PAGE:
Remember, you are going to Italy to see, to smell, to taste and to feel... and to take home souvenirs... in the literal sense of the word... memories. Your goal should be to come back home with a part of the Italian lifestyle as part of your soul. Italia will never leave you...
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OPINION: There should really be a tiered level of visits to the Vatican Museum, sold through lotteries. Those proving some art credentials--like academics or students of art--should be allowed a different time of day where they can spend a decent amount of quiet contemplation--something that isn't an option today. To stop the wear and tear on the museum itself (the patterned floor tiles are getting worn through!), the general tourist public should only be allowed to visit a smaller section of the museum, with a limited number of people accessing the Sistine Chapel at the same time. Or, as they have done with other fragile tile or mosaic floors in other churches in Italy, put raised walkways so tourists' feet never touch the tiles. Also, no children under 10 should be allowed. Visitors should also be expelled whenever they break the rules of the Church, like men wearing hats. ---JF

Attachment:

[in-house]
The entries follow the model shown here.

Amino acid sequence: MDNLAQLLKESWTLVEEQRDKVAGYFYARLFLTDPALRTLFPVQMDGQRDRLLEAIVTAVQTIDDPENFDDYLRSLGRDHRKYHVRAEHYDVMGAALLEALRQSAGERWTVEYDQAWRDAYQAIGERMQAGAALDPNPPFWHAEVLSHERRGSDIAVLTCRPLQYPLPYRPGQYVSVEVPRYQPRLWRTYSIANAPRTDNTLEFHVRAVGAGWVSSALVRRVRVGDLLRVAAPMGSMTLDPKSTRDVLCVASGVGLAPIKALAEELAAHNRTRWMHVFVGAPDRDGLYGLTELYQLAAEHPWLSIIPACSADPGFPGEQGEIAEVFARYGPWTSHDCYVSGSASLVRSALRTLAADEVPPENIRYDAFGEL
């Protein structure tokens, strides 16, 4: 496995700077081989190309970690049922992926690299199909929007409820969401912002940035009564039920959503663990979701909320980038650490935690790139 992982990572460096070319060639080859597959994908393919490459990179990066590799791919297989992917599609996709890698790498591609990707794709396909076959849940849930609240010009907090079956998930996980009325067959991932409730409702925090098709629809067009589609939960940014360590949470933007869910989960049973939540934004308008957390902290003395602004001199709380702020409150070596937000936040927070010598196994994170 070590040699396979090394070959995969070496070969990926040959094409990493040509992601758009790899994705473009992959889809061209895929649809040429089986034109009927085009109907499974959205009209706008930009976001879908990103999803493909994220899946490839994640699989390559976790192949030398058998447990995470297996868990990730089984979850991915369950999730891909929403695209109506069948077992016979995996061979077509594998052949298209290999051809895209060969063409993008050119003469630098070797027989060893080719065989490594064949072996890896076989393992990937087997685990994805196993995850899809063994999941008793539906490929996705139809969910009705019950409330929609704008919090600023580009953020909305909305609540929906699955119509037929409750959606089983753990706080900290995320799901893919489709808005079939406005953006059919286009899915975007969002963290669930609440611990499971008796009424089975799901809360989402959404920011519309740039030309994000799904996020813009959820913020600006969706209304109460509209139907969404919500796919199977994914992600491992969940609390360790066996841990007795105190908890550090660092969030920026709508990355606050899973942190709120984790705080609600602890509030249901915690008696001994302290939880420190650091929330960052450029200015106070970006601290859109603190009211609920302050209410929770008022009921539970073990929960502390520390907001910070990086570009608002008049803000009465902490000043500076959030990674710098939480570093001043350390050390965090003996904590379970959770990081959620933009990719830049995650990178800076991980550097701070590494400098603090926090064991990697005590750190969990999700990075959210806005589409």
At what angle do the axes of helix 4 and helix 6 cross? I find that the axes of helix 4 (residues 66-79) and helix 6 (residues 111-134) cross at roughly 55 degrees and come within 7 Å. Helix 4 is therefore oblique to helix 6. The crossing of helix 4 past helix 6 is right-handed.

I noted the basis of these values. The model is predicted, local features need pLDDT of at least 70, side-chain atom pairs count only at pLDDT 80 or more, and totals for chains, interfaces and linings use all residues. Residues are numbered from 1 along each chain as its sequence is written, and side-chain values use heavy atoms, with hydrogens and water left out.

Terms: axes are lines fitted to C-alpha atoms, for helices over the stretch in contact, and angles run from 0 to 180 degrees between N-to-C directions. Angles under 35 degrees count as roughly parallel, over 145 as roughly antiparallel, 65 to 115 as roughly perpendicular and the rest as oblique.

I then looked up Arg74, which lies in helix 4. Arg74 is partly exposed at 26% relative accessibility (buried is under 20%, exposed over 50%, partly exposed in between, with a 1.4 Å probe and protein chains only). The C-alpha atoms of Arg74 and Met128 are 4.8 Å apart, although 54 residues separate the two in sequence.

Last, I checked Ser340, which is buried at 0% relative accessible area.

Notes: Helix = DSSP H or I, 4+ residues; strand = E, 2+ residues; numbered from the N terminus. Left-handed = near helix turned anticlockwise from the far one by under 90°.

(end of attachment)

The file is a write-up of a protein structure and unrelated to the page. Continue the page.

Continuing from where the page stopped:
Copyright 2015, Jerry Finzi/Grand Voyage Italy - All Rights Reserved
We came across these men in Castelmezzano during passaggiata.
When we Voyaged around Italy, we kept seeing men in the piazza or in their storefront clubs playing cards. The cards were very fancy looking, something like French cards I saw years ago. But what is this game that gets the men so absorbed they rarely look away from the game? When it seems sudden passions arise and they forcefully slap cards on the table--with a kind of macho panache. We saw it played in the north, down in Basilicata, in Molfetta and most small towns. I discovered they were most likely playing one of the two most popular Italian card games: Briscola (literally, Trump) or Scopa (broom, or Scopare--to sweep).